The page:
Unlocking the ocean’s secret: Natural carbon capture

Unlocking the ocean’s secret: Natural carbon capture

Ocean-inspired methods for carbon capture hold promise for reducing greenhouse gas emissions and advancing sustainability efforts. Experts from USC and Caltech join us for a Q&A from the docks at the Port of Los Angeles.

May 23, 2023 Nina Raffio

Scientists around the world are racing to develop new methods for combating the rising levels of carbon dioxide in our atmosphere that are driving climate change and threatening the health of our planet.

USC Assignment: Earth logo 2022Ocean carbon capture, which involves using natural ocean processes to trap and store greenhouse gases out at sea, is one promising method. Two L.A. researchers — William Berelson of USC and Jess Adkins of Caltech — are looking to harness this technology to address the problem.

“Behind every potential solution for a more sustainable world lies a story of hard work and collaboration,” USC President Carol L. Folt said. “This promising research to reduce carbon emissions between USC and Caltech will help us all achieve a more sustainable future — starting right here in Southern California.”

We met up with Berelson, professor of earth sciences, environmental studies and spatial sciences at the USC Dornsife College of Letters, Arts and Sciences, and Adkins, the Smits Family Professor of Geochemistry and Global Environmental Science at Caltech, at the docks of AltaSea at the Port of Los Angeles — one of the largest harbors in the world and a leading gateway for international trade in North America.

Carbon capture: Will Berelson and Jess Adkins
William Berelson of USC, left, and Jess Adkins of Caltech are studying processes that would trap and store greenhouse gases out at sea. (USC Photo) screenshot from video

How does the shipping industry play a role in climate change?

Berelson: At seaports around the world, huge quantities of goods arrive daily that feed the global economy. Those goods are transported across the ocean on container ships, cargo ships and other vessels that burn diesel fuel. Collectively, all the ships in the world are contributing about 3% of the carbon dioxide that’s being added to our atmosphere every year.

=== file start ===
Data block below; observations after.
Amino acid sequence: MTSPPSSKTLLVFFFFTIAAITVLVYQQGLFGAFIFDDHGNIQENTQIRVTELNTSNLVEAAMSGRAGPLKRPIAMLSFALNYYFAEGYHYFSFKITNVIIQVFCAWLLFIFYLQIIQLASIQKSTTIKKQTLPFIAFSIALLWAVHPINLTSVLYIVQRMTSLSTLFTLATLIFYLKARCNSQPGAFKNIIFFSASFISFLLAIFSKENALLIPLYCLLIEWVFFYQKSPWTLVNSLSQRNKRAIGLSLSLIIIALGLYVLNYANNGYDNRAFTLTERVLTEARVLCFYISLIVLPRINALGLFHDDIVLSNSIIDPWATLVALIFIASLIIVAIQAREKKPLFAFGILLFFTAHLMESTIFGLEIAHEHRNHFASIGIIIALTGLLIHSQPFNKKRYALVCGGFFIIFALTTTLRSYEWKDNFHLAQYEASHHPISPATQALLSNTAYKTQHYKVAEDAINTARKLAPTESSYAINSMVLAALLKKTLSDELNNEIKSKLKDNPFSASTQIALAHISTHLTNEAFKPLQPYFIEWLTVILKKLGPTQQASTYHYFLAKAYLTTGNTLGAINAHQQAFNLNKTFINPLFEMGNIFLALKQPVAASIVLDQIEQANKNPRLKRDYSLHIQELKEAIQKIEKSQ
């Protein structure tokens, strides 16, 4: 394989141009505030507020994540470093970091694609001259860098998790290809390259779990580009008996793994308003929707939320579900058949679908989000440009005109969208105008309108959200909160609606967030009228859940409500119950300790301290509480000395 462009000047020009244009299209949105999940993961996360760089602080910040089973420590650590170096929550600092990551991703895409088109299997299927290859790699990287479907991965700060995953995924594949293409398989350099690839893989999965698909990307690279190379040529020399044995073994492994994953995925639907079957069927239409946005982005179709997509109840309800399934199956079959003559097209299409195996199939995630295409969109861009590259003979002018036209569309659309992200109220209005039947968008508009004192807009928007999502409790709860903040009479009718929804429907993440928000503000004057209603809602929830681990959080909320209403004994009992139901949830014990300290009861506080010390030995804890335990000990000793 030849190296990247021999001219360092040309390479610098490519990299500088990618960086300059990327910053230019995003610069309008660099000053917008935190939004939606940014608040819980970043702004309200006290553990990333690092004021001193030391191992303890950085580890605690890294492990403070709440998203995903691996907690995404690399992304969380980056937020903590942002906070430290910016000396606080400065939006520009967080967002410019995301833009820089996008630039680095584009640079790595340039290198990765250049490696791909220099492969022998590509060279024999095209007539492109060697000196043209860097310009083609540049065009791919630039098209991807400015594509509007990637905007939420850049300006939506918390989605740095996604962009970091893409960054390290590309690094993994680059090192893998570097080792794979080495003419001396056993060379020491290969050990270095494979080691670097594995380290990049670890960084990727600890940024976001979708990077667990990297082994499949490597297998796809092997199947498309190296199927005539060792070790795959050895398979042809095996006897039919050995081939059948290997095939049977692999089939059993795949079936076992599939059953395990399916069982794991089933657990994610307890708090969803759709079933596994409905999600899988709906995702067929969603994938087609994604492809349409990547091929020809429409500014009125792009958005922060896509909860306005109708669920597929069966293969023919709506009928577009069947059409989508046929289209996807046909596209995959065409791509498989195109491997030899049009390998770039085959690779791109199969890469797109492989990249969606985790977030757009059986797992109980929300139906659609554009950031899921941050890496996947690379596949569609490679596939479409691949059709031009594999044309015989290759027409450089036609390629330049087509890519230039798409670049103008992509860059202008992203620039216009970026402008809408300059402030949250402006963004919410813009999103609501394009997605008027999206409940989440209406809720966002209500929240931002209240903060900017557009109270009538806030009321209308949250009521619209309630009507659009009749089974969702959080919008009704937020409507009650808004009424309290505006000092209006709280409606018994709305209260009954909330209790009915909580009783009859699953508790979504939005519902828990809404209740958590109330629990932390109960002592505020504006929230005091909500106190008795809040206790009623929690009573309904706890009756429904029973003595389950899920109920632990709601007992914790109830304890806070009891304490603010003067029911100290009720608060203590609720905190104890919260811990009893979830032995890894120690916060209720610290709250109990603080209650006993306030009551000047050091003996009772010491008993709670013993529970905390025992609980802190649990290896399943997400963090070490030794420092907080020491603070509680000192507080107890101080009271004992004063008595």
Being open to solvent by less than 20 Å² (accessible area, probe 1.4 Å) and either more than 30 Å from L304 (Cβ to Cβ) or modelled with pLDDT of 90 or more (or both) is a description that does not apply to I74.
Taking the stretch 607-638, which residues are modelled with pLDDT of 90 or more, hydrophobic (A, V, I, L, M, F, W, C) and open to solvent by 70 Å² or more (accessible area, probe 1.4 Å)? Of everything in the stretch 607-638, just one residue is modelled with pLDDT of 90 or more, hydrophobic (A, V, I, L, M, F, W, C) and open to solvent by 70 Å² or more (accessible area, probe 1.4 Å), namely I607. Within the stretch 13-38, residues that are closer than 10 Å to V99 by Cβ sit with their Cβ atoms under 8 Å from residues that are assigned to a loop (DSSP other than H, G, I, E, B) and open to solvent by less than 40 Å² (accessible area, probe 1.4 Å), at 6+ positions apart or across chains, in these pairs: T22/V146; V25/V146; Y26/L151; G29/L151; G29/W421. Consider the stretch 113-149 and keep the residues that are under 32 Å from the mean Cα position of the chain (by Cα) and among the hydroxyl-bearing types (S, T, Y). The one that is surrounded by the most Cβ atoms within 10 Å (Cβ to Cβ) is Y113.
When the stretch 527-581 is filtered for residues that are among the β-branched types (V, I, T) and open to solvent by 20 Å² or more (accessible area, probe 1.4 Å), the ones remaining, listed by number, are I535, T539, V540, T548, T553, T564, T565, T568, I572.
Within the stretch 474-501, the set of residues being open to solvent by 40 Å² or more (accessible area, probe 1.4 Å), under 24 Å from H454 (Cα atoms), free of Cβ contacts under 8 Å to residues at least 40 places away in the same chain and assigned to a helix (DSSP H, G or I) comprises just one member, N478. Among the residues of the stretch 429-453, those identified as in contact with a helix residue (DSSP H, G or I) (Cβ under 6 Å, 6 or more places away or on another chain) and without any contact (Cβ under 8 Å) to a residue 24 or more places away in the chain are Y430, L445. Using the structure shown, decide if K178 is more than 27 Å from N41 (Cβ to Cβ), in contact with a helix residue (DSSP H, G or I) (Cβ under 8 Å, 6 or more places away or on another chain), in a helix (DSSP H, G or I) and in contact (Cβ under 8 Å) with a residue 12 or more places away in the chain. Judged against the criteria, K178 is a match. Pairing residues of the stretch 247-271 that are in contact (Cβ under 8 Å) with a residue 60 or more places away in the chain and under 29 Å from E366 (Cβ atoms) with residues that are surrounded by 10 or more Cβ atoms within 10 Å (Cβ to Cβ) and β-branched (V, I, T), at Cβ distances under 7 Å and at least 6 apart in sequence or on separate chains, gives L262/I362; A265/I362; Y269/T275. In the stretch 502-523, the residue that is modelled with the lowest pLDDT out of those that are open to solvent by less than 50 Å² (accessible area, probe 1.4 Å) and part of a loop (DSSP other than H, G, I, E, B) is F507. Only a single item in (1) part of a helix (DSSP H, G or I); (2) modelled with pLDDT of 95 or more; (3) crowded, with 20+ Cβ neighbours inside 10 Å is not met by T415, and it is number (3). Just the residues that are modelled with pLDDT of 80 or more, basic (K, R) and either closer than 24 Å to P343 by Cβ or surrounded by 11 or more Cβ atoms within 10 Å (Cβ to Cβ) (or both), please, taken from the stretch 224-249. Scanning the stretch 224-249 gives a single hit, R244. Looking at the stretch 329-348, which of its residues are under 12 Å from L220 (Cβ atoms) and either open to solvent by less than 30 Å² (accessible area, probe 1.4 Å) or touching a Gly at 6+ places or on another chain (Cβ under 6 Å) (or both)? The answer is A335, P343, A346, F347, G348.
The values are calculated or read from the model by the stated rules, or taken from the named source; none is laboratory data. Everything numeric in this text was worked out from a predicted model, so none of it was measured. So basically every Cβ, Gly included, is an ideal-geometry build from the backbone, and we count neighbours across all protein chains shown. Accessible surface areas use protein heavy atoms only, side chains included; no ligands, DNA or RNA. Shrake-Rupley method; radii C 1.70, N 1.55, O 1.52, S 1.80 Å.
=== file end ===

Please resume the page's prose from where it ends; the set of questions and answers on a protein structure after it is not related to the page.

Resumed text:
Adkins: Over 90% of the products we use in our daily lives traveled on a ship at some point. If we’re going to think about how to deal with our CO2 problem as a society, we have to be mindful of the fact that we can’t electrify all parts of the industry. Shipping is a good example of an industry that doesn’t electrify well. It’s hard to imagine ships running off batteries, even though we must, as a society, get ourselves onto renewable energy.

(Q&A continues below video)

How do carbon emissions affect our oceans?

Berelson: As carbon dioxide from the atmosphere dissolves in ocean water, it increases its acidity thus causing ocean acidification. The rising annual rate of CO2 emissions leads to a corresponding increase in ocean acidification, resulting in dramatic impacts on marine ecosystems like corals and other organisms that use calcium carbonate to build shells.

People care about corals for their beauty, but these organisms are also crucial to biodiversity and sustaining the populations of fish and other marine life that live in and among the coral communities.

Adkins: Exactly. As you acidify the ocean, you make it harder for the main components of the ecosystem to grow. But another reason we should care about ocean acidification over and above the photographic megafauna that are corals is the algae out in the middle of the ocean and far away from the coast. They are the primary producers and bottom of the marine food chain where sunlight is first turned into organic matter and then becomes food for the rest of the system, humans included.

How does the ocean naturally capture carbon?

Adkins: The planet has been capturing carbon for billions of years. As the ocean absorbs excess carbon, the CO2 reacts with calcium carbonate, or limestone, that naturally occurs at the sea floor — this reaction makes the neutral salts of bicarbonate and calcium ions.

Berelson: The natural reaction that happens in the ocean is exactly what happens when you treat an upset stomach. The analogy we like to use is that when you have excess acid in your tummy, you take a little antacid tablet, which is effectively ground up calcium carbonate, to neutralize the acid.

What are you working on now?

Berelson: An idea came about during our research on how the ocean naturally mitigates excess CO2. We discovered that if we could accelerate the dissolution of limestone, it could be a way to mitigate CO2 at a larger scale. We’re developing a startup company that could one day build machinery that would allow this reaction to happen at a fast enough scale and at the right quantity to make a greater impact on CO2 reduction.

Adkins: Right. Although the ocean naturally captures carbon, it does so at a slow rate. We want to find ways of speeding up the neutralization of that extra CO2. All we have to do is follow the natural process of what happens when, say, volcanoes erupt and release CO2 into the atmosphere.

What inspired this collaboration?

Adkins: We’ve known each other for decades as friends in the field and have always talked about finding something to work on together. But it was our shared concern about ocean acidification and the idea that we might be able to make a breakthrough that brought us together to think about joining labs.

Berelson: True, we initially bonded over our common interest in chemical oceanography. That and all things having to do with major league baseball.